6. Design procedures for risk management. Construct a plan for when you will remove a student from campus, and how you will determine if a student should be suspended, expelled, or referred to authorities. Students who are suspended or expelled should continue to be monitored. Whichever method is used to respond to a threat, the mental health of the student of concern should be a priority. Access to guidance counselors and mental health resources should increase, not stall during the student’s isolation from their peers.
    7. Design training for administrators, staff, and students. Students and teachers should be trained to identify signs of mental health crises and potentially violent behavior. Training shouldn’t stop here—schools should have proper intruder training in place so that everyone on campus can feel prepared in the event of an emergency. When considering which training option to select, many institutions find ALICE training to be a great fit for their needs. For more information on the ALICE training method and how to implement it at your institution, head over to School Safety Solution’s complete guide to ALICE training for schools.

      How To Address the Mental Health Component of Threat Assessment

      When developing a comprehensive threat assessment strategy, schools shouldn’t neglect the mental health component of the process. Threat assessments should be trauma-informed, and above all, age-appropriate for the students they are intended to protect. For example, the training designed as part of a threat assessment strategy should be designed to take away minimal time from student learning, but be comprehensive enough that children of all ages have a basic understanding of safety protocols and why they are important.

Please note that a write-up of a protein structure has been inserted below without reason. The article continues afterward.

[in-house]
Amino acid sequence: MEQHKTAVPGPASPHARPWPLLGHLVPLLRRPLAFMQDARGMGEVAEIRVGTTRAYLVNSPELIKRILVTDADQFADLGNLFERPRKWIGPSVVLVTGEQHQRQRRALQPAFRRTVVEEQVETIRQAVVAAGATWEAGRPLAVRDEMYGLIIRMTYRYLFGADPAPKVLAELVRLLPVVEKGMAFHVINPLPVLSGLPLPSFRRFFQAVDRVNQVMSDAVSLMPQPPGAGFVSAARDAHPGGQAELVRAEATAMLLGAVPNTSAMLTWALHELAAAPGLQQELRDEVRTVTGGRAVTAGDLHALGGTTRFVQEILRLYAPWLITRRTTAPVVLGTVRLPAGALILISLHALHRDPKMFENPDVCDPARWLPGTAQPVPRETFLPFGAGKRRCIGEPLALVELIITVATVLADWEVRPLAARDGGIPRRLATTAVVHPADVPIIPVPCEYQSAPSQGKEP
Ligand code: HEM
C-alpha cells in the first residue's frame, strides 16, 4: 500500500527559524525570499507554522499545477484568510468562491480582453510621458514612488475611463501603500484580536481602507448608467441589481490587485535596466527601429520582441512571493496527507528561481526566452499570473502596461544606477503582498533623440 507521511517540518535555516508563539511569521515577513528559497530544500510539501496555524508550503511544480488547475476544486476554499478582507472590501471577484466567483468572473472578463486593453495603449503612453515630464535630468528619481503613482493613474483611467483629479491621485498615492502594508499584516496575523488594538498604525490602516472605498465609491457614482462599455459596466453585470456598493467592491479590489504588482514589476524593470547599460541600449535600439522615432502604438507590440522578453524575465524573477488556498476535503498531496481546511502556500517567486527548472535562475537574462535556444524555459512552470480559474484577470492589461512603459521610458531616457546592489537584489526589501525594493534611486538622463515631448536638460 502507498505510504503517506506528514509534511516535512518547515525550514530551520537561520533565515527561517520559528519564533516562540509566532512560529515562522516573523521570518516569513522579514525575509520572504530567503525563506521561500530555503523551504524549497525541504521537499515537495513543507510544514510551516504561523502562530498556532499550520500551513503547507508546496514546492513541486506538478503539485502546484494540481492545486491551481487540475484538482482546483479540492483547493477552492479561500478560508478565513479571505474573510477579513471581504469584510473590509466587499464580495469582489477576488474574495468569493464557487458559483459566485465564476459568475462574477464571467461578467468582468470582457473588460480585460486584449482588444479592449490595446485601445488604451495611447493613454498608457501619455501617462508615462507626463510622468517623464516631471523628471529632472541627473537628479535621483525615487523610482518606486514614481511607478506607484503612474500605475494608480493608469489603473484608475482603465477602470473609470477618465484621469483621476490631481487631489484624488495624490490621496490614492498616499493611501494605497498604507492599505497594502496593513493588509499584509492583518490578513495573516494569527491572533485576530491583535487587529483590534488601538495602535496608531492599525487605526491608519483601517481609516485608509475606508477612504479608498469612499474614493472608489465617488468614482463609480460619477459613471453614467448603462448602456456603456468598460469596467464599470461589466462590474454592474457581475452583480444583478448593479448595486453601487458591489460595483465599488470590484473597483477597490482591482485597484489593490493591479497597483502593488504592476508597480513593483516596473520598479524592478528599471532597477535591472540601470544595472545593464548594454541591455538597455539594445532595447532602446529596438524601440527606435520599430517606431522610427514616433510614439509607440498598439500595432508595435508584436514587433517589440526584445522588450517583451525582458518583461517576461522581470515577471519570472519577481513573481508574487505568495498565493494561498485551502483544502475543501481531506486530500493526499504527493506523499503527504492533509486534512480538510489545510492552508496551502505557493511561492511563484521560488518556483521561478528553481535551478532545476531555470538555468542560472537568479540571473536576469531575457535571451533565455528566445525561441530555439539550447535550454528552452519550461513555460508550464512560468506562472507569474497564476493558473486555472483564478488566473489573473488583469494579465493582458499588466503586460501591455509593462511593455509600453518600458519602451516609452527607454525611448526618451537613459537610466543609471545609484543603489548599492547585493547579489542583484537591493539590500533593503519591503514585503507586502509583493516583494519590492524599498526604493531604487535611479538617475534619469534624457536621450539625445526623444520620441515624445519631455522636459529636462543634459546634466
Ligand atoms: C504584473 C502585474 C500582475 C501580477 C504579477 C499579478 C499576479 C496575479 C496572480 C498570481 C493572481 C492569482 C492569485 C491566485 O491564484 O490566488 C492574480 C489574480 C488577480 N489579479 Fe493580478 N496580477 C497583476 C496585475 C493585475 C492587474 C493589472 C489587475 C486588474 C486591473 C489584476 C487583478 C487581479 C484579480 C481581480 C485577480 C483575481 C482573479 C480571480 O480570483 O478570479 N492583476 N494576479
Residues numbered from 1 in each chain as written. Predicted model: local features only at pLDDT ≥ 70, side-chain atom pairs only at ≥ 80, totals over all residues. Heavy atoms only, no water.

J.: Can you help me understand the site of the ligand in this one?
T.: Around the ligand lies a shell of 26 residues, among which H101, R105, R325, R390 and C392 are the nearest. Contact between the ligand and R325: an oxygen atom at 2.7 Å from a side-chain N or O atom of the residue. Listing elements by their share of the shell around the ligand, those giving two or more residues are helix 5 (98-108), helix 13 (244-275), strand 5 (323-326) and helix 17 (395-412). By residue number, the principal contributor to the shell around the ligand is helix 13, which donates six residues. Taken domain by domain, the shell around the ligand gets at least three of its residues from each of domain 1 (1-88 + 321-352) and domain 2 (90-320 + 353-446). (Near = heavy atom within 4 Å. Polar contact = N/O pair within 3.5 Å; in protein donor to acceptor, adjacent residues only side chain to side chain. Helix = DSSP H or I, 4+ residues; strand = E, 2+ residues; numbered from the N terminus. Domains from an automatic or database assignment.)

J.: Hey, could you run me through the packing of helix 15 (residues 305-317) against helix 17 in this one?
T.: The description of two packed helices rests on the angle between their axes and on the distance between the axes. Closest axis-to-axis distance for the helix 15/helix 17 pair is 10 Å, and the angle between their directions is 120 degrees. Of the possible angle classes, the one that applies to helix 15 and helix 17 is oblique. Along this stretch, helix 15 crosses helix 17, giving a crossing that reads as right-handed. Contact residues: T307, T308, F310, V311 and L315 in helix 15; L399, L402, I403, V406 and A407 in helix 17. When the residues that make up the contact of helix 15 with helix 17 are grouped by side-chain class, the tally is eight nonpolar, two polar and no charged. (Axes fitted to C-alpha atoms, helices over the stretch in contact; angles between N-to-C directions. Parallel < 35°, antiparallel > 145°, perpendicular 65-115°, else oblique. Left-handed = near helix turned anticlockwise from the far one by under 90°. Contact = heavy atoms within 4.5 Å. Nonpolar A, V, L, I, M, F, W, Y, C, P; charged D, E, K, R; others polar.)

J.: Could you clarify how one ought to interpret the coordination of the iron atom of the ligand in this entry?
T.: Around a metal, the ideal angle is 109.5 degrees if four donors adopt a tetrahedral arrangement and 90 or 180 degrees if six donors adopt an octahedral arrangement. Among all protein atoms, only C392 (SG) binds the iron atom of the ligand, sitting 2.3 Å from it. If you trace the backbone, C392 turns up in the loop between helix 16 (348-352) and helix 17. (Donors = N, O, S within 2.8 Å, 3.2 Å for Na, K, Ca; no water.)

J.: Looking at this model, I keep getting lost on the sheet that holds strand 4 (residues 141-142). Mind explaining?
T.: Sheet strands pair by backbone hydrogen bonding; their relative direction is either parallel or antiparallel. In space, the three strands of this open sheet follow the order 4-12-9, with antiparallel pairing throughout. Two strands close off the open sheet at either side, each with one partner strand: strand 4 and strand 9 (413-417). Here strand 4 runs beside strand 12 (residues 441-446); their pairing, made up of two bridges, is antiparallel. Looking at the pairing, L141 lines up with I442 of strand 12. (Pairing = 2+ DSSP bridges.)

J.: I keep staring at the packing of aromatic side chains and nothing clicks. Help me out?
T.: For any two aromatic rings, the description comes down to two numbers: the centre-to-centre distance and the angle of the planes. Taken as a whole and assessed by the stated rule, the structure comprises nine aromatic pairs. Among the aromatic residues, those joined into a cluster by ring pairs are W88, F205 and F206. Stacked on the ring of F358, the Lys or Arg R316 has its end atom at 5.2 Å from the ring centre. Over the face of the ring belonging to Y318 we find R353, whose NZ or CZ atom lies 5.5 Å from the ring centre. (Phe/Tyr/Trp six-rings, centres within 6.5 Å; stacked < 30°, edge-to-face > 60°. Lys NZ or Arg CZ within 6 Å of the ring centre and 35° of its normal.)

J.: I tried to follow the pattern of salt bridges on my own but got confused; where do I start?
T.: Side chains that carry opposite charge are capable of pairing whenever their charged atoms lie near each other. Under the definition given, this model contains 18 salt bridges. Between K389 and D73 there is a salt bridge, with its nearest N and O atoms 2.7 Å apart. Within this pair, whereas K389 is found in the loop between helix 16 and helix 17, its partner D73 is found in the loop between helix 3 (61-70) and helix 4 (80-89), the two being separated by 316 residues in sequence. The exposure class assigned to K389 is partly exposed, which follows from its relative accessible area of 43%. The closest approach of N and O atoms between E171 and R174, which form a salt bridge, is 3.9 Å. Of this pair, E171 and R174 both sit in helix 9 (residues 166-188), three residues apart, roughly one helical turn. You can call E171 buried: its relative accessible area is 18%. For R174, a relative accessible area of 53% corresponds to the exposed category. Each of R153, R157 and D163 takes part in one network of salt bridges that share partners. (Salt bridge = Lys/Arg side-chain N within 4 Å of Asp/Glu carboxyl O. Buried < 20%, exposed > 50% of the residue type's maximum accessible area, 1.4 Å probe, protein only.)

Responding to Threats and Supporting Students and Staff After an Incident

      After an incident involving violence or a credible threat of violence has occurred, it’s important that teachers and administrators respond to the campus community with haste and care. Honest communication with students and parents is essential. Take this time to reassure and explain the details of safety procedures and policies you have in place on school grounds. Review your on-campus security features, including door locks and window coverings. Lastly, make sure mental health resources are available at school to help affected students and teachers manage their emotional responses in the wake of an incident.

      Updating Your School’s Safety Features with School Safety Solution:

      At School Safety Solution, our number one priority is ensuring the highest level of security and safety possible exists on your campus. That’s why we founded School Safety Solution: to keep you and your children safe by providing reliable, high-quality, and life-saving equipment. We understand that a minute can change everything. Our safety solutions are proactive and simple to use in the event of a disaster.

      If you would like to review your school’s safety and security equipment, the tools available to your school’s staff, or any other security considerations, we would love to assist you. You can call our team of safety experts any time at 888.733.0406 or send us an email at for more information.